Thomas Prieto


Unemployment will make or break Democrats

T here is no doubt that Republicans will pick up seats in Congress- poll numbers and political history make it a certainty-  but there are some things Democrats can do to mitigate their losses. First, Democrats must create jobs. The most important issue for voters during economic downturns has always been and will always be…


The ups and downs of health care

The French philosopher Voltaire warned us that the perfect is the enemy of the good, but is the health care legislation passed by Congress so deeply flawed that it can no longer be considered good? In order to make that determination, let’s first look at the legislation’s merits. First and foremost, the legislation provides insurance…


What Congress didn’t say

Reconciliation is a parliamentary procedure established in 1974 as a means of creating federal policies that are related to meeting Congress’ fiscal objectives. The process limits debate to 20 hours and does not allow for bills to be blocked by filibuster. In other words, only a simple majority is needed to pass the bill. Although…


Caravaggio or Michelangelo

Photo: Wikipedia According to a recent New York Times article, art historian Philip Sohm has published a study arguing that Caravaggio has bumped Michelangelo from his position as Italy’s greatest artist. Caravaggio is known for his hyper-realistic style that seems to stop time and capture incredibly dramatic moments. Caravaggio is also known for his rather…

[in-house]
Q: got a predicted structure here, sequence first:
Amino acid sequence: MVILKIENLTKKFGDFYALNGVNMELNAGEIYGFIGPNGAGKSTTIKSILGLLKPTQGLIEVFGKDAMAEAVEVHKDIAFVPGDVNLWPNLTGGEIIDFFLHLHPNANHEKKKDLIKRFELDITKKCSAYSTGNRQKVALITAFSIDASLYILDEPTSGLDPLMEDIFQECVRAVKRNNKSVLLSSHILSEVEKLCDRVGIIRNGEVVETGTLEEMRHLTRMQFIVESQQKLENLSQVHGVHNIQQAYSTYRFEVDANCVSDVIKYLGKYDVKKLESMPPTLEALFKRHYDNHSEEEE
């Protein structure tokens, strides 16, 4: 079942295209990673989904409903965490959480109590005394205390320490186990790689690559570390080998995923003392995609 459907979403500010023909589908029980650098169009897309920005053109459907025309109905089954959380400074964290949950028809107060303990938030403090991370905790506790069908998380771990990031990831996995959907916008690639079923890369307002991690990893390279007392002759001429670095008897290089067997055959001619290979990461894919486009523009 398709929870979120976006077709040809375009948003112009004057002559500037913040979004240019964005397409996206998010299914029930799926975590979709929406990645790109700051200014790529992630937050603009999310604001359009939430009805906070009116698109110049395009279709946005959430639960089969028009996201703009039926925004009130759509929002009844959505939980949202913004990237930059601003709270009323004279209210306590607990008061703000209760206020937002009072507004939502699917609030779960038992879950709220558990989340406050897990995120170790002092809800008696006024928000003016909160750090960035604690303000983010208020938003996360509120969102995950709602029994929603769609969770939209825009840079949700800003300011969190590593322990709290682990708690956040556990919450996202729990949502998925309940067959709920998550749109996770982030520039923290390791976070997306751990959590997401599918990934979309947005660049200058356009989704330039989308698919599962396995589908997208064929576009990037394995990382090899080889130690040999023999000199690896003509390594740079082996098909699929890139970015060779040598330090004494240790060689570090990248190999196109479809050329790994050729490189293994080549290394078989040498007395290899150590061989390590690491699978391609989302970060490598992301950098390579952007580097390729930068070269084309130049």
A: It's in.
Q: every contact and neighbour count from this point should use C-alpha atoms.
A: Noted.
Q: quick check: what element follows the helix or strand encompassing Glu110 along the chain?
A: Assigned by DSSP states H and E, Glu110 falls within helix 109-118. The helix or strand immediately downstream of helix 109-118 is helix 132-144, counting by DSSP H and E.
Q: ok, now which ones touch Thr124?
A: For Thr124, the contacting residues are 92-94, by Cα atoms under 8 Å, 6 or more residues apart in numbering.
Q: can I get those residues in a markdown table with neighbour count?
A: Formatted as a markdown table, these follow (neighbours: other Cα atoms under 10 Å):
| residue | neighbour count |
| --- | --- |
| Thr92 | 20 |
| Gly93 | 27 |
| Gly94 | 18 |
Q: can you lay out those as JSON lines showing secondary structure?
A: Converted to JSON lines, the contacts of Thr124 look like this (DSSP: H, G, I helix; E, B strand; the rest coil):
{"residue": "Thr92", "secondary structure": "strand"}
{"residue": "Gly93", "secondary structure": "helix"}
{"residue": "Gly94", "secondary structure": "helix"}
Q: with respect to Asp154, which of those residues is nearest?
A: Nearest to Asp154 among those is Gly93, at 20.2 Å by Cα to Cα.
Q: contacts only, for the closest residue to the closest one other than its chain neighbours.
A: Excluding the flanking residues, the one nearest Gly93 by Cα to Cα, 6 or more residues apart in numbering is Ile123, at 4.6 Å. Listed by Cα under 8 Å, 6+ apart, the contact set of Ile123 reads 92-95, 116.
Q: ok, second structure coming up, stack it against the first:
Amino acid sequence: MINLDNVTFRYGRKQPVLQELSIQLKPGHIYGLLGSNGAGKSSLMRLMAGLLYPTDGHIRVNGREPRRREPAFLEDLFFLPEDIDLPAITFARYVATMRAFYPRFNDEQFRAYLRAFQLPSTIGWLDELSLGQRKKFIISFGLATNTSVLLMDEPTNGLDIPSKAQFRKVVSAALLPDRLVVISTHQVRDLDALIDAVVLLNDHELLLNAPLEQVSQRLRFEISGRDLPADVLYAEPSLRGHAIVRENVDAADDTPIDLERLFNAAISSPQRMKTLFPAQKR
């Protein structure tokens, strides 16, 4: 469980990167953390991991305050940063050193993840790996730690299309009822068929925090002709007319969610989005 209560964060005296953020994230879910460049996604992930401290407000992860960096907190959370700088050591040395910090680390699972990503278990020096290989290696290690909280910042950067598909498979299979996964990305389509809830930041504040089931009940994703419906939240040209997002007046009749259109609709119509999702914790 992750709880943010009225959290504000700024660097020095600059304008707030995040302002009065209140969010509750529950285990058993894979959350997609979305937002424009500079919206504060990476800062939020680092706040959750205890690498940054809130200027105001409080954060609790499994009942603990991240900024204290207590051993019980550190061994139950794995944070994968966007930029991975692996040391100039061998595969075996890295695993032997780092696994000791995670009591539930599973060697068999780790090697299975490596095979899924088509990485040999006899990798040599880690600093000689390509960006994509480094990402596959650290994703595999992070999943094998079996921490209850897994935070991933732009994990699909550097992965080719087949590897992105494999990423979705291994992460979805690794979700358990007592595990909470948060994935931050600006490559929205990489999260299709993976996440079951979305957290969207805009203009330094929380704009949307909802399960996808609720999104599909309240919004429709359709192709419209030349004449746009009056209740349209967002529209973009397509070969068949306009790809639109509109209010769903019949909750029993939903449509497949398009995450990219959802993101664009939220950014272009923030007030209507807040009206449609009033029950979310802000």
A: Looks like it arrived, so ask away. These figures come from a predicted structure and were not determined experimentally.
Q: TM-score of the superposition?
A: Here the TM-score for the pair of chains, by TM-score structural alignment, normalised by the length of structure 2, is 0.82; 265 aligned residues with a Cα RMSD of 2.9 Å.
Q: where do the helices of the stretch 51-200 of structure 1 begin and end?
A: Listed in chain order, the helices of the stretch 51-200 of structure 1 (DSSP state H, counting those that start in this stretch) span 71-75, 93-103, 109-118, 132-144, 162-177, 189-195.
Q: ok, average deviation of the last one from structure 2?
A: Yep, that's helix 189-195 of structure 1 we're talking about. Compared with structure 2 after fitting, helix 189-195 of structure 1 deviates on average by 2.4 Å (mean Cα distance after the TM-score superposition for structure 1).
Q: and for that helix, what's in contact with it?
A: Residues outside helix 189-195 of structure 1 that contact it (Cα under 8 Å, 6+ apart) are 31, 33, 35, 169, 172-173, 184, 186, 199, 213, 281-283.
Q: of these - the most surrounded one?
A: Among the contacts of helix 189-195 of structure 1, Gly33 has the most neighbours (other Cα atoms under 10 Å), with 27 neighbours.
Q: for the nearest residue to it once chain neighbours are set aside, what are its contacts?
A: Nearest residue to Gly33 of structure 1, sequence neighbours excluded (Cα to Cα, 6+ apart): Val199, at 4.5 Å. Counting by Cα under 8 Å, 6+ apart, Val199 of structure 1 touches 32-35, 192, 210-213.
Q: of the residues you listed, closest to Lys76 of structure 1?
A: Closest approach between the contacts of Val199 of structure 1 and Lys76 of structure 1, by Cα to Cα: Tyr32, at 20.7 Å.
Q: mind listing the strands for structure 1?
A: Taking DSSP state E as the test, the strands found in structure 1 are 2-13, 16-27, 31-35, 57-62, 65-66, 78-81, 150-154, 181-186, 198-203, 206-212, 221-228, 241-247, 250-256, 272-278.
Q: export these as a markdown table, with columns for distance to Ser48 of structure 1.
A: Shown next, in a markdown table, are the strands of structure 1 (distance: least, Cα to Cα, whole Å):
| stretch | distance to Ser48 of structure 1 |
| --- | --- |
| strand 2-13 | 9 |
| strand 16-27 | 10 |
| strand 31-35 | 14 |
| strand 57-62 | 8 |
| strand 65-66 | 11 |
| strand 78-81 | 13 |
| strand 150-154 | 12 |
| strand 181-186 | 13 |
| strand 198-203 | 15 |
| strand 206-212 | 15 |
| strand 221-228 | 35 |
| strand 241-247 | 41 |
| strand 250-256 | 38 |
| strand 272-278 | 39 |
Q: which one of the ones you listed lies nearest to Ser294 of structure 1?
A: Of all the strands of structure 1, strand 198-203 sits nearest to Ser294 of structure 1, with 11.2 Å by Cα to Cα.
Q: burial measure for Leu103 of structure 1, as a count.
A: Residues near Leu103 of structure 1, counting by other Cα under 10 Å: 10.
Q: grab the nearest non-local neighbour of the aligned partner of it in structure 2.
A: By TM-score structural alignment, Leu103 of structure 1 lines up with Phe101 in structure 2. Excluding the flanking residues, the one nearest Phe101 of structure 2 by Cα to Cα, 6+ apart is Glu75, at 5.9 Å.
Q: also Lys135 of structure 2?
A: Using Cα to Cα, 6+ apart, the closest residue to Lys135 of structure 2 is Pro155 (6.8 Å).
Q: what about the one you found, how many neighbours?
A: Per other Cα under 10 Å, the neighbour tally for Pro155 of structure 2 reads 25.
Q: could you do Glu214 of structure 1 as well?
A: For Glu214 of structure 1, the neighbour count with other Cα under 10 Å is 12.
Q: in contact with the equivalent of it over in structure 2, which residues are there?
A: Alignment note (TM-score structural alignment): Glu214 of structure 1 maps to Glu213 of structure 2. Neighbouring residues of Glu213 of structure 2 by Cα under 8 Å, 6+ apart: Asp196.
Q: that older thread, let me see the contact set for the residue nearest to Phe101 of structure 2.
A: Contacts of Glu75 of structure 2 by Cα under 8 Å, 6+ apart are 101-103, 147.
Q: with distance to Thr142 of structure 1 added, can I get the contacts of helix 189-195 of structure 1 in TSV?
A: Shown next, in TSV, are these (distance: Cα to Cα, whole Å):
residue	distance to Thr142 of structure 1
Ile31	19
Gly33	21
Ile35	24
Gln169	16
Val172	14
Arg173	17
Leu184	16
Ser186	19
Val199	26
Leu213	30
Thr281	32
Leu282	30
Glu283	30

When Novelists Sober Up

In the Summer of 2009, Tom Shone wrote an article for The Intelligent Life on how sobering up has affected some of the Western world’s greatest novelists. He discusses great novelists like John Cheever, F. Scott Fitzgerald, Ernest Hemingway, William Faulkner, and Charles Bukowski. Shone’s theory seems to be that getting sober tends to have…


Deconstructing Masterpieces

In 2009, Tom Shone wrote an article in which he explains the evolution of the term masterpiece and how today it often does not describe an artist’s best work. The following is an excerpt: In the popular arts, the qualities that make for a masterpiece—the stylistic innovation, the self-consciousness, the ability to transcend genre—often militate…


Feminist Criticism of Lit by Female Writers

On an article entitled “What Are Women FIghting About? Emily Gould discusses why “women are often the cruelest critics of other female writers”. Here’s an excerpt: So I become, once more, the kind of person I can’t bear: the female critic who despises any female writer who doesn’t project what she feels is the accurate…


Do Jazz & Hip-Hop Mix?

The world of jazz criticism was thrown into mayhem during the 1960s. Jazz had begun to move into new and unanticipated places. Artists like Ornette Coleman, inspired by Avant-Garde musicians, did away with harmony, rhythm, and melody. Miles Davis began to include electric instruments and delved into rock and funk for new sounds. By the…


The Universality of English

John McWhorter published an article in World Affairs recently in where he posed some interesting questions: What if English became the only language in the world? Would this result in a cultural loss? Is this even possible? The following is an excerpt: As we assess our linguistic future as a species, a basic question remains….


Nothing but a passing fad

The tea party movement may play an important role in shaping America’s immediate future, particularly the upcoming mid-term elections, but it must propose real solutions if it intends to be more than a passing fad.


Humor & the Brain

Recent advances in brain imaging technology have provided us with a great deal of insight into the workings of the human mind. A recent study has focused on how the brain affects sense of humor. An article in New Scientist explains that researchers have discovered a difference in how jokes affect the minds of extroverted…

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